Access to mental health care expanding
Experts: Lack of insurance did impede treatment
Sunday, January 19, 2014
Editor’s note: This is the fifth in a series of stories that will explain the 10 essential health benefits required under the Affordable Care Act and explore what effect those requirements will have on patients and caregivers.
Area mental health officials say great strides have been made in recent years in terms of mental health services.
“The Affordable Care Act (ACA), along with the Parity Act (Mental Health Parity and Addiction Equity Act), are really making mental health services more accessible to the population,” said Mel Fetter, chief executive officer of Pathways Community Health.
Mental health and substance use disorder services are one of 10 essential health benefits the ACA requires health insurance plans to cover. The ACA is a health care law passed in 2010.
According to the U.S. Department of Labor, the Mental Health Parity and Addiction Equity Act requires health plans “to ensure that financial requirements (such as co-pays, deductibles) and treatment limitations (such as visit limits) applicable to mental health or substance use disorder benefits are no more restrictive than the predominant requirements or limitations applied to substantially all medical and surgical benefits.”
“Having insurance companies required to better cover mental health has really helped broaden access,” Fetter said.
Cynthia Keele, executive director of National Alliance on Mental Illness (NAMI) Missouri, said more people having health coverage for mental health services allows younger adults—who may have bipolar disorder or schizophrenia—to be treated earlier.
“It has a huge impact in terms of early detection and early treatment,” she said.
She said there’s a huge demand for mental health services in Missouri, as well as nationally.
“The need is huge nationally,” she said. “I think it’s 1 in 5 (Americans) have a serious mental health need. Missouri is no different.”
According to the Missouri Department of Mental Health, the state agency “serves approximately 170,000 Missourians each year with mental illness, developmental disabilities and substance use disorders.”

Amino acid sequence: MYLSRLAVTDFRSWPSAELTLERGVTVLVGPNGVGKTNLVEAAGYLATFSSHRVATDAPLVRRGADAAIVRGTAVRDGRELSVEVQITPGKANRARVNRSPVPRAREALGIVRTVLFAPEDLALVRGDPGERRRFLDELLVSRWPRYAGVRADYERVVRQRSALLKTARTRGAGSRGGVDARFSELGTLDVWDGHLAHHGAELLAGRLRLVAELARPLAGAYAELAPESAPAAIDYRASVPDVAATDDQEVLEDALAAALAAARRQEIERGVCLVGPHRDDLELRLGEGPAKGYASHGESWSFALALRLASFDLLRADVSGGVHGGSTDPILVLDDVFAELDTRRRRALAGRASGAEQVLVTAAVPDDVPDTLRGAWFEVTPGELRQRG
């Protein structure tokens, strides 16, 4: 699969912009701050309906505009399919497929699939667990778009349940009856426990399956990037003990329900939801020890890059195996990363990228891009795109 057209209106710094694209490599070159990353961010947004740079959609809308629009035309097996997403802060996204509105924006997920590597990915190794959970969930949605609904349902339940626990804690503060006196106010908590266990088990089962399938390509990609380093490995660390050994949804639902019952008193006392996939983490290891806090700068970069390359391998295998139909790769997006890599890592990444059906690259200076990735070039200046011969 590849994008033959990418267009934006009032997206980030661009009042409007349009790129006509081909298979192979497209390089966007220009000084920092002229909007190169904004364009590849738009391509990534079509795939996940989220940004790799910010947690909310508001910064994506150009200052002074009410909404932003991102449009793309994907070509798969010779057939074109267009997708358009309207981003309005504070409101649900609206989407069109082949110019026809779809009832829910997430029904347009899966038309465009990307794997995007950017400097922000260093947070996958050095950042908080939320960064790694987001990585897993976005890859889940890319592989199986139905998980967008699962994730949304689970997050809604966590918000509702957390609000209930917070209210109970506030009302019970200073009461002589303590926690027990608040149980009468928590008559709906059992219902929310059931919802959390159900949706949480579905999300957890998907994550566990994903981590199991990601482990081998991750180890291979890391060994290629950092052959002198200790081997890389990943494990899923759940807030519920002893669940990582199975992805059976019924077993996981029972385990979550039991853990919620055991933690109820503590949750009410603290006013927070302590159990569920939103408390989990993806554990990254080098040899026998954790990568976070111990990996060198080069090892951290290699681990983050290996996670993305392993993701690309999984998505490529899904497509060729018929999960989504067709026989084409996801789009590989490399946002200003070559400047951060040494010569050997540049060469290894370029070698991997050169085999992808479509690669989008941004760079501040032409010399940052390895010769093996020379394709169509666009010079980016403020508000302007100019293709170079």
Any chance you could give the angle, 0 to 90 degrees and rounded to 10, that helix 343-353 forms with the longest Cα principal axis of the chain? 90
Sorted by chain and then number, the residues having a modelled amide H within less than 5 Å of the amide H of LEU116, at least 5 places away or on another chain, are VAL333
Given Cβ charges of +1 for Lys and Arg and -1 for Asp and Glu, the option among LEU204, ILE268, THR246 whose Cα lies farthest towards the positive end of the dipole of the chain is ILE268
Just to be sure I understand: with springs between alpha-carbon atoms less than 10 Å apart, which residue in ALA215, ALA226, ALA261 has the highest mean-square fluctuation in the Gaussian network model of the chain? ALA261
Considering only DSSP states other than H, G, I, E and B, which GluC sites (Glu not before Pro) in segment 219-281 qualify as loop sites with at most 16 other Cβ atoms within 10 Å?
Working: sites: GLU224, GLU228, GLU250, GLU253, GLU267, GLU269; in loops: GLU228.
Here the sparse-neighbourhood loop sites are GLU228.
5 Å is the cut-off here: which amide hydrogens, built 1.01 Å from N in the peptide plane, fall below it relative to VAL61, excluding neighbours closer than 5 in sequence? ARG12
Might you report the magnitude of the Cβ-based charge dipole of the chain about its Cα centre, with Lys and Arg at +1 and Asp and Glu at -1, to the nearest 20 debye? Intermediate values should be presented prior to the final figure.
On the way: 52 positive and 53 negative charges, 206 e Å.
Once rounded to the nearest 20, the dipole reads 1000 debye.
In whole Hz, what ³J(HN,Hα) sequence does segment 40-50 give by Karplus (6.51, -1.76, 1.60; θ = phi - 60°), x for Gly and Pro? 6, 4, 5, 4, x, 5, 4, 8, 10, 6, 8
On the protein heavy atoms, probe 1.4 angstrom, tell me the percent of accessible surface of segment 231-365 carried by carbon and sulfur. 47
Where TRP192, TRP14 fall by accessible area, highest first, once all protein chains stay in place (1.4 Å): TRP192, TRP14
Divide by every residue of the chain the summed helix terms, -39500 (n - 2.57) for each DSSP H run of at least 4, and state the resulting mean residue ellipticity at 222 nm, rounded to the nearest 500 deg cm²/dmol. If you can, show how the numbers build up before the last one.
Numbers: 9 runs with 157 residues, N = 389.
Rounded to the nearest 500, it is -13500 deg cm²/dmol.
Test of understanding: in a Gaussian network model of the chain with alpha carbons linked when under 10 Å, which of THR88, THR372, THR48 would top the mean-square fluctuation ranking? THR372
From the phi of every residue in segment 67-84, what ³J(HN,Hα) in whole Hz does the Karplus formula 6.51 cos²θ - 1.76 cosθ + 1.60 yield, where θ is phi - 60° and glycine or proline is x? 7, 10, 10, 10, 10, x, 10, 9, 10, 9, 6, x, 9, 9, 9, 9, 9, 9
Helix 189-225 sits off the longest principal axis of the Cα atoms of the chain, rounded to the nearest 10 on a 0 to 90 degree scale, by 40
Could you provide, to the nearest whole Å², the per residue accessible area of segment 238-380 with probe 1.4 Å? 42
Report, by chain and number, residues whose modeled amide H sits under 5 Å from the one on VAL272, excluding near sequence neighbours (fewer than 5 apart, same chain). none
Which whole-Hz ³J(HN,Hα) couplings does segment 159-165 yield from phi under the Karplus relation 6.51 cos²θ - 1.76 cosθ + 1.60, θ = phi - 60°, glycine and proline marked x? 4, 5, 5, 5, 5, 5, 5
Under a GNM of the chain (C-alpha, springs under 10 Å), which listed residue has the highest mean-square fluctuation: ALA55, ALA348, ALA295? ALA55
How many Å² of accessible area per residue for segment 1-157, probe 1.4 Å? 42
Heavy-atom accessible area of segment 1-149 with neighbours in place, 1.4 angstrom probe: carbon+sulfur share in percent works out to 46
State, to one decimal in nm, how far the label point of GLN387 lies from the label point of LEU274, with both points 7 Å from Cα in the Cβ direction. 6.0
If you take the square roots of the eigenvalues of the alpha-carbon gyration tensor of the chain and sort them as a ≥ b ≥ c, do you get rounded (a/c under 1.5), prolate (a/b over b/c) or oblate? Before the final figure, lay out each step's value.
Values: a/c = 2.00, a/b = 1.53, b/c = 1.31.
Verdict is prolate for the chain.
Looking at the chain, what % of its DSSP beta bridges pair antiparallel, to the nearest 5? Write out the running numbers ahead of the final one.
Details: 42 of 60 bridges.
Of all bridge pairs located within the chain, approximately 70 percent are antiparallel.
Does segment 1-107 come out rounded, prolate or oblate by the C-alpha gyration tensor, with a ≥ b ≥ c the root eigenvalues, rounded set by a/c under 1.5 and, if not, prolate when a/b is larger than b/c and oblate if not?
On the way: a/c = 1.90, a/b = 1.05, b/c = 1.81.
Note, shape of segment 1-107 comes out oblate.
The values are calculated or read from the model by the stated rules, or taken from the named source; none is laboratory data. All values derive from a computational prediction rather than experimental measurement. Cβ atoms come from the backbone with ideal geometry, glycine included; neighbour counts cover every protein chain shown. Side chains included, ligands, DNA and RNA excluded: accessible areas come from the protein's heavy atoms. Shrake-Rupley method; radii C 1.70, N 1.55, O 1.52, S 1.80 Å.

Fetter said that prior to the ACA, chances were slim that Pathways clients had insurance.
“It’s probably less than 40 percent,” he said. “We’re really a safety net provider. Even if people were uninsured in the past, we left payment up to grants and other ways.”
He said the requirement under the ACA will help, but the agency is still expecting a large group of patients who don’t qualify for Medicaid or the Health Insurance Marketplace.
“But, overall, we think there will be more access to services as time goes on,” he said.
Keele said NAMI Missouri is thrilled that people are finding affordable health plans through the ACA, and she sees a positive impact far into the future.
“People not having insurance keeps people out of treatment,” she said. “This helps instead of waiting until it (mental health) gets worse.”
The News Tribune received one question this week about the ACA:
Q: I don’t have a computer. How do I sign up for health insurance in the Marketplace?
A: There are licensed navigators in Missouri who can help you enroll — whether online or by a paper application. Primaris, Central Missouri Area Agency on Aging and the Community Health Center of Central Missouri are three Mid-Missouri agencies who have licensed navigators on staff.
200 N. Keene St.
Columbia, MO 65201
Central Missouri Area Agency on Aging
1121 Business Loop 70 East, Suite 2A
Columbia, MO 65201
800-369-5211 or 573-443-5823
Community Health Center of Central Missouri
3400 W. Truman Blvd.
Jefferson City, MO 65109
Do you have questions?
We want to answer your questions regarding the ACA; email reporter Olivia Ingle at firstname.lastname@example.org or call her at 573-761-0248. Also, feel free to share your experiences with the ACA or your experiences signing up for coverage in the Marketplace.
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